Simon Harriyott

Using MSBuild and the build machine for integration testing

My build machine has been very useful in running unit tests for the various components of the project I'm working on, but having recently spent several days trying to integrate a couple of components to run on a clean machine, I realised that unit testing isn't enough. There were three components that I wanted to use on a clean machine:
  • the file watcher service, that monitors a directory for XML files and kicks off...
  • the XSLT engine, which converts the XML into a different format and
  • the import component, which reads the converted XML and inserts the data into SQL Server
These components all have passing unit tests that are automatically run a couple of times a day. There are, by definition, no unit tests that run the three components together. So today I wrote an MSBuild task to automate the integration testing of these components. There was a little pre-work, like creating a merge module for each component, and an installer, and tweaking the configuration files that are installed by default. (Annoyingly, we're still using Beta 2 of .NET, so there's no MSBuilding the .vdproj files yet.)

The MSBuild task took about 3 hours to write and perfect, and in order:
  • Checks that the relevant directories exist, and test files are present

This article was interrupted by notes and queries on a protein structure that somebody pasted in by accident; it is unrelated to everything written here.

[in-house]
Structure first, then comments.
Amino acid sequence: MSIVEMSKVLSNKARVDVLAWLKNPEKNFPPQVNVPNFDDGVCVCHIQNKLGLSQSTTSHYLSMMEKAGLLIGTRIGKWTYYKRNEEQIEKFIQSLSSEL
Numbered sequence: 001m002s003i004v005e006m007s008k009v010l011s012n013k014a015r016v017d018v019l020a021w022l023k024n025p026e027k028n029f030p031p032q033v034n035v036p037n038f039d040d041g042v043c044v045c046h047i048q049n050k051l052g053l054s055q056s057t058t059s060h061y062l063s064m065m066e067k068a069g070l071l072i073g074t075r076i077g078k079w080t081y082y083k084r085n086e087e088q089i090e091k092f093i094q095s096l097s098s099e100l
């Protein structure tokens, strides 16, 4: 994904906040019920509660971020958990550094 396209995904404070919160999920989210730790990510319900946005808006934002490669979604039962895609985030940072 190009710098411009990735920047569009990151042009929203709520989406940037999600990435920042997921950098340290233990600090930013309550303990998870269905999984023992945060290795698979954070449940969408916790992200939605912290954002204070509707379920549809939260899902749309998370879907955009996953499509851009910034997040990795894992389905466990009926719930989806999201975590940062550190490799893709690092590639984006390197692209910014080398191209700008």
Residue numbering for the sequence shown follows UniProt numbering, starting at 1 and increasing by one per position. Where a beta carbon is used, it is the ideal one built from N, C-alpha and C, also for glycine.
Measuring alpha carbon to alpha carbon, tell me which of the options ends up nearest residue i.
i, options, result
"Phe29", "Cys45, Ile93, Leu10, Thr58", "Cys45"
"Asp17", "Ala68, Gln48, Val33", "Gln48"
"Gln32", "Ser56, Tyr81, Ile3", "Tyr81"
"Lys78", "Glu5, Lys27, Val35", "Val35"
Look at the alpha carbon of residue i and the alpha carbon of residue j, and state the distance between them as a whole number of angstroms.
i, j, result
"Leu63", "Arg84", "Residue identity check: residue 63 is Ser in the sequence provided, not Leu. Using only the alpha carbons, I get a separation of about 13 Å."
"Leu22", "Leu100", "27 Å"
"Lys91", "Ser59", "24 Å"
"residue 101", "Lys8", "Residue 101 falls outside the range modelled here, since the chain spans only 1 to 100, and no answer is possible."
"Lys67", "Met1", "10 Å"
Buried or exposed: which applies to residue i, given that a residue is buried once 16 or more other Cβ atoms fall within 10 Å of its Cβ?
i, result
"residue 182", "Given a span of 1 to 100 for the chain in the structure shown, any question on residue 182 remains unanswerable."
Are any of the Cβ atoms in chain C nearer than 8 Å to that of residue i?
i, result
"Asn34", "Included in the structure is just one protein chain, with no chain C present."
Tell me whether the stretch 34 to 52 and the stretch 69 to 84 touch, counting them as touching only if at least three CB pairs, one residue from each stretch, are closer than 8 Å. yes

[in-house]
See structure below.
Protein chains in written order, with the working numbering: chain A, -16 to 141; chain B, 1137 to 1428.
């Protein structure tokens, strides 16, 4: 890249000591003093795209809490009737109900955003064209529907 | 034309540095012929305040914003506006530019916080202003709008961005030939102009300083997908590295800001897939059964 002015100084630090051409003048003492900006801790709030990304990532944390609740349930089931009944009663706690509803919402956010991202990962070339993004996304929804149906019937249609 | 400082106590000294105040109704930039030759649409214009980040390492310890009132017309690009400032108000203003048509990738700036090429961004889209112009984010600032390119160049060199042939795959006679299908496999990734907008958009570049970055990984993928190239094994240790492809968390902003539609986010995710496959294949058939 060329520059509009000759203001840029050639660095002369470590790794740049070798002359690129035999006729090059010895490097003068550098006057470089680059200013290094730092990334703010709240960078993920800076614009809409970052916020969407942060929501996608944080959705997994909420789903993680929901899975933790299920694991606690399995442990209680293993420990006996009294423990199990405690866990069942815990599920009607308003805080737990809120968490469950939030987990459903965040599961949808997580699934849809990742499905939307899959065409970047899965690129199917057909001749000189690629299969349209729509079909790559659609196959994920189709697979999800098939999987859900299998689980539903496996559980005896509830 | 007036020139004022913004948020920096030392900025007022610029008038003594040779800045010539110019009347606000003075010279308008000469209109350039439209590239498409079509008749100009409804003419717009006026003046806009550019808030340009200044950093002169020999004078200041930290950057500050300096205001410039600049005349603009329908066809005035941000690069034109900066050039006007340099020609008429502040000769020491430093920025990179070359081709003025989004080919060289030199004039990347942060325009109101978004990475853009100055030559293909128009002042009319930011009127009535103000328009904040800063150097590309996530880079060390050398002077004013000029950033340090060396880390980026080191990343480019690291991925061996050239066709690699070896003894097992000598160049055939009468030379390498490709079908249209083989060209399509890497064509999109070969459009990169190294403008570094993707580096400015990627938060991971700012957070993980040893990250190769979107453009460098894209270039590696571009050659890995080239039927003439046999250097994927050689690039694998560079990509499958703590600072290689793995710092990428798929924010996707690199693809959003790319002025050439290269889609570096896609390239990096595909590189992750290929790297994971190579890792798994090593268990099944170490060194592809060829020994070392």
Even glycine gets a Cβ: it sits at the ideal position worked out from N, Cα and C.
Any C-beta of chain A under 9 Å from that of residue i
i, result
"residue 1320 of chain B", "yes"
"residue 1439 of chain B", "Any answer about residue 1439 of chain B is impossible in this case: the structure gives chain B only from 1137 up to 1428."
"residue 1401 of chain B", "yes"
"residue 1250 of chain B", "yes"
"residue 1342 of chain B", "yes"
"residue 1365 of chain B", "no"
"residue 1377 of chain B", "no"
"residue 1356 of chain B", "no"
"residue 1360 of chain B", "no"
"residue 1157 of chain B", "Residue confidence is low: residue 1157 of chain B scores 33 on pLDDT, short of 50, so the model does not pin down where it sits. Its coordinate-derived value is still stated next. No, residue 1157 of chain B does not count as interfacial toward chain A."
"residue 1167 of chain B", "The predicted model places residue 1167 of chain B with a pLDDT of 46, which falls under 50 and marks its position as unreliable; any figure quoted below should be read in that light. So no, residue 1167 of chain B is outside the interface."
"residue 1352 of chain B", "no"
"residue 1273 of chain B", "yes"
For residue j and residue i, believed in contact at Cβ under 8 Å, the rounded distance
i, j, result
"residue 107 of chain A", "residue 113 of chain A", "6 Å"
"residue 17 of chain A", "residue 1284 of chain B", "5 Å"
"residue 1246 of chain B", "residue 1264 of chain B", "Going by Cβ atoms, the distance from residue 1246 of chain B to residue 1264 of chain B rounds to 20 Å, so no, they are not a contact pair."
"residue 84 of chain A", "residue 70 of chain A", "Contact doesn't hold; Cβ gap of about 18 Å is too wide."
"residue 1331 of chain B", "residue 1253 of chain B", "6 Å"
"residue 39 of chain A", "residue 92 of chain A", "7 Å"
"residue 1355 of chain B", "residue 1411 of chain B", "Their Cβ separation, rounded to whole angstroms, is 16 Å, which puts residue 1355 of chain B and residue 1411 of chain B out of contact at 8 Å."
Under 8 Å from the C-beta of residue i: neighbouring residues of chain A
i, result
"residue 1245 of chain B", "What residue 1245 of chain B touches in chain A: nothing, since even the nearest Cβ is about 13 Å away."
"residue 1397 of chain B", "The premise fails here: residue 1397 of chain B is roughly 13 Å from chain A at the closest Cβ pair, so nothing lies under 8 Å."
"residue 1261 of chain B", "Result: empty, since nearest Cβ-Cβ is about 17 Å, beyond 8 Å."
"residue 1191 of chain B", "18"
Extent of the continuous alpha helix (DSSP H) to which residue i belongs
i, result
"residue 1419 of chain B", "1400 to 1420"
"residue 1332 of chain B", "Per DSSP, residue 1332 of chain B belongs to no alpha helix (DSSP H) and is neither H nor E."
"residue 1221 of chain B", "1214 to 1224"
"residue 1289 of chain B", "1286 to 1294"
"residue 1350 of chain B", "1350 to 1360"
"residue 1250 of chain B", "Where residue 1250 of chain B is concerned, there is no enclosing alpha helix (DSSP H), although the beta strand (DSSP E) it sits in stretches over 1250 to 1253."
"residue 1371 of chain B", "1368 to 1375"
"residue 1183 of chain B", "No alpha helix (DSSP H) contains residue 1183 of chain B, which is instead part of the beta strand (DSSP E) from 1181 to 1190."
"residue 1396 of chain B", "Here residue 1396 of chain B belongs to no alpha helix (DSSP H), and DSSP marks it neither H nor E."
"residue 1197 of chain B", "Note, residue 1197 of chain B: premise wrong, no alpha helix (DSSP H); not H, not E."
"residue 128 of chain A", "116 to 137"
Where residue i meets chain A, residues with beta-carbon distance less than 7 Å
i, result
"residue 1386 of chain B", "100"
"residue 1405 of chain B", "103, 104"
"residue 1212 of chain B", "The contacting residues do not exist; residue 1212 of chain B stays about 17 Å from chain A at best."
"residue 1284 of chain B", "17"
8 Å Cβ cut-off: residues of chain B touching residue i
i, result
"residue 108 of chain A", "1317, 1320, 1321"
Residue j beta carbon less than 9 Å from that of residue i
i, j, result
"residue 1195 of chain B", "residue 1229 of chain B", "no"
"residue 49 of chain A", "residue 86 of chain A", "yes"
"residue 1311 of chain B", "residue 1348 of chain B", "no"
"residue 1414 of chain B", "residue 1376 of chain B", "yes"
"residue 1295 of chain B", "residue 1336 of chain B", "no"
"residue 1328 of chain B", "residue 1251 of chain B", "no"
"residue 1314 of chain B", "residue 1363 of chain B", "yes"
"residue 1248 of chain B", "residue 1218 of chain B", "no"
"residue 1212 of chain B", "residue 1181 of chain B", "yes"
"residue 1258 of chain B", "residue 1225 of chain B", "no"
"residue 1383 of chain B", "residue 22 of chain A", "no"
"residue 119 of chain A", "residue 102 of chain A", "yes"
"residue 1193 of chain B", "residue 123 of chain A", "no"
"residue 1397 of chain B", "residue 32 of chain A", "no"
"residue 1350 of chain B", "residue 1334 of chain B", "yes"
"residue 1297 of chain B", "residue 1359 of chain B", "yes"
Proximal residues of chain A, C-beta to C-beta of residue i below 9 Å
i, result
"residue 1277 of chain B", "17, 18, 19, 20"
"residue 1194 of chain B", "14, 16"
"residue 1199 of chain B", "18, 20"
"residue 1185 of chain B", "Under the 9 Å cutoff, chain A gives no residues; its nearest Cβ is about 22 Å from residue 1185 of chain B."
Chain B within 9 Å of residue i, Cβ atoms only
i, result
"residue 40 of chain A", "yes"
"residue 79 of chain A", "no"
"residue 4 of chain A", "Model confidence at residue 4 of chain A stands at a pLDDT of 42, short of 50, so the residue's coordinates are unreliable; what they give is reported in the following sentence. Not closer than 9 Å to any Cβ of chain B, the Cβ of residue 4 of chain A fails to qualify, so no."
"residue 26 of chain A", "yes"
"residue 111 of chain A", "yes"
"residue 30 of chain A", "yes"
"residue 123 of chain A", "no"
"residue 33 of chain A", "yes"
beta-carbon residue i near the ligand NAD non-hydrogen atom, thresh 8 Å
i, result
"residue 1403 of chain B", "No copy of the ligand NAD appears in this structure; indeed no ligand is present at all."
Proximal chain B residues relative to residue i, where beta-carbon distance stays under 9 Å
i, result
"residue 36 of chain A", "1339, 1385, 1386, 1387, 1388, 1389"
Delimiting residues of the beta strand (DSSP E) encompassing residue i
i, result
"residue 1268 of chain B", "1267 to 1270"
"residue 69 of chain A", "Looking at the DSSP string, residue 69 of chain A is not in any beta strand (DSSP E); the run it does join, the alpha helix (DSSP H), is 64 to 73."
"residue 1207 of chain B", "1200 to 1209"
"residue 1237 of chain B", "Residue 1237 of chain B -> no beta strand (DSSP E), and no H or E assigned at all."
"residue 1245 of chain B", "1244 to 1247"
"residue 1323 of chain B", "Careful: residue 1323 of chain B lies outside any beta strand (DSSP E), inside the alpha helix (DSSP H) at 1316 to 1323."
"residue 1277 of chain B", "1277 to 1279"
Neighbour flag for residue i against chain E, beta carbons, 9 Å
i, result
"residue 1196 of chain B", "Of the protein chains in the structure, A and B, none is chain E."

• Counts the rows in the destination SQL Server table
  • Copies some test files in the watched directory
  • Waits a few seconds
  • Counts the rows in the destination table again
  • Makes sure that the correct number of rows have been inserted
Creating an MSBuild task is really straightforward. Derive a class from Task, add some public properties, and code the stuff. For some slightly more technical details, see Barry Dorrans' presentation and code samples from the last DeveloperDeveloperDeveloper event.

I then created a new MSBuild project file, which:
  • Runs the installer (silently)
  • Starts the file watcher service
  • Runs the integration test task
  • Stops the file watcher service
  • Uninstalls it all again
This worked beautifully, so I added it at the end of the main build script using an MSBuild task. So now I have integration testing running on the daily build machine.
29 November 2005